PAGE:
High Dynamic Range (HDR): A Useful Photographic Tool

There is some controversy about using HDR. This stems from the presentation of some HDR images done badly and the somewhat difficult processing of the image for the average photographer to get the desired results.

sunset hdr

Photo by Justin Kern.

The human eye can adjust to deep shadows and overly bright light quite quickly. The perception of the total image includes information from the deep shadows as well as detail from the bright highlights. We have been somewhat spoiled in the past using negative color film for our daily pictures. This method uses the adjustments from the camera’s original exposure and the exposure adjustments in the printing process to compress the wide band of detail into a viewable photograph. Along with this process comes a loss of detail in both the shadows and the highlights. Slide film like Kodachrome had a wider dynamic range but was less forgiving in producing a perfect exposure. Digital cameras have a similar characteristic.

In the early years of photography the problem of dynamic range (the lack of) was solved by photographers like Ansel Adams several ways. He used silver based negative glass plates which had a decent dynamic range. The printing paper could not display nearly as much detail as was available on the negative. This was solved quite well by using a printing box with a couple of dozen small lamps which could be switched on or off individually. This manipulation supplied less light for the shadows and more to the highlights to produce a print that displayed detail in both areas. Contrast was controlled by warming the chemicals in the shadows and diluting the chemicals in the highlights. In the 1970s I used variable contrast printing paper to achieve similar results. I held back the shadows with a violet filter, lightening the dark areas while increasing the contrast to a viewable level. The highlights I burned in with a yellow filter in order to print down the overexposed highlights without raising the contrast unduly. Of course, this only worked with black and white photography.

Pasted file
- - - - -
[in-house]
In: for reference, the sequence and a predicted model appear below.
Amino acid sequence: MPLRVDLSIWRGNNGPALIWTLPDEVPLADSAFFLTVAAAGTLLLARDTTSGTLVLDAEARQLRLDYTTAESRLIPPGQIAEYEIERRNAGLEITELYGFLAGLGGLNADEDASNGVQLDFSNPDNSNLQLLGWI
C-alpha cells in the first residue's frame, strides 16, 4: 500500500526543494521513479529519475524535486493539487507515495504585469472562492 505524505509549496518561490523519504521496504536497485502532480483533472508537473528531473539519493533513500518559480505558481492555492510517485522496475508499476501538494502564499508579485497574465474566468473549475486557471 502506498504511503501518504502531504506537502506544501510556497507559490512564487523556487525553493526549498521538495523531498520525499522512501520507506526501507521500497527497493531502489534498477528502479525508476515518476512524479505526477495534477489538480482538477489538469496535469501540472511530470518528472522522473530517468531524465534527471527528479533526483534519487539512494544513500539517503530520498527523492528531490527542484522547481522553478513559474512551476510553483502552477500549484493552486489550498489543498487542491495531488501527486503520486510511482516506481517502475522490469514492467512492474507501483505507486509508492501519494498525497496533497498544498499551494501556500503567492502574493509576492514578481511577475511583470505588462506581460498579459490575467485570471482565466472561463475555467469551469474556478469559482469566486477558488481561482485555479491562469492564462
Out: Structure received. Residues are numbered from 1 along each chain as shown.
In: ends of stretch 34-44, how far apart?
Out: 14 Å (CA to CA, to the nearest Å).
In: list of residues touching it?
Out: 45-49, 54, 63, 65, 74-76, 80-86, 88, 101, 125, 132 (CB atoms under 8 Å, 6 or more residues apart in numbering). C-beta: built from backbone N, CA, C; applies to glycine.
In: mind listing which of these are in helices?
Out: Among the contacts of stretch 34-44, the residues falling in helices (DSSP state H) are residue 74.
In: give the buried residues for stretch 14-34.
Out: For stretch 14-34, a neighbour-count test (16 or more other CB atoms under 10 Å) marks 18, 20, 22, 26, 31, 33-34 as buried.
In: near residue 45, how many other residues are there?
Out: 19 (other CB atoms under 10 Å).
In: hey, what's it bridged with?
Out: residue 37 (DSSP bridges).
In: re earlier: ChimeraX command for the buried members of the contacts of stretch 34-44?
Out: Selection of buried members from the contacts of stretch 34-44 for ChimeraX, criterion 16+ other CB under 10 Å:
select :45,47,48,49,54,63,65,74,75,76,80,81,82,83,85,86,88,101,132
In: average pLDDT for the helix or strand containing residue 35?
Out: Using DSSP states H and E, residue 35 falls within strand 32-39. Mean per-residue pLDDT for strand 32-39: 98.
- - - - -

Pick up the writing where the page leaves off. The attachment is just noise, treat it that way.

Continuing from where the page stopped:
zen garden

Photo by Thomas Smart.

Other methods that can be used are light painting (shining a moving spotlight on dark areas with the shutter open), using extra strong lights for dark areas and using gobos (movable shades) to hide light for very light toned areas. Commonly open flash on the camera is extensively used to open up shadows. Unfortunately, this presents a very flat light source, diminishing the beauty of light modelling.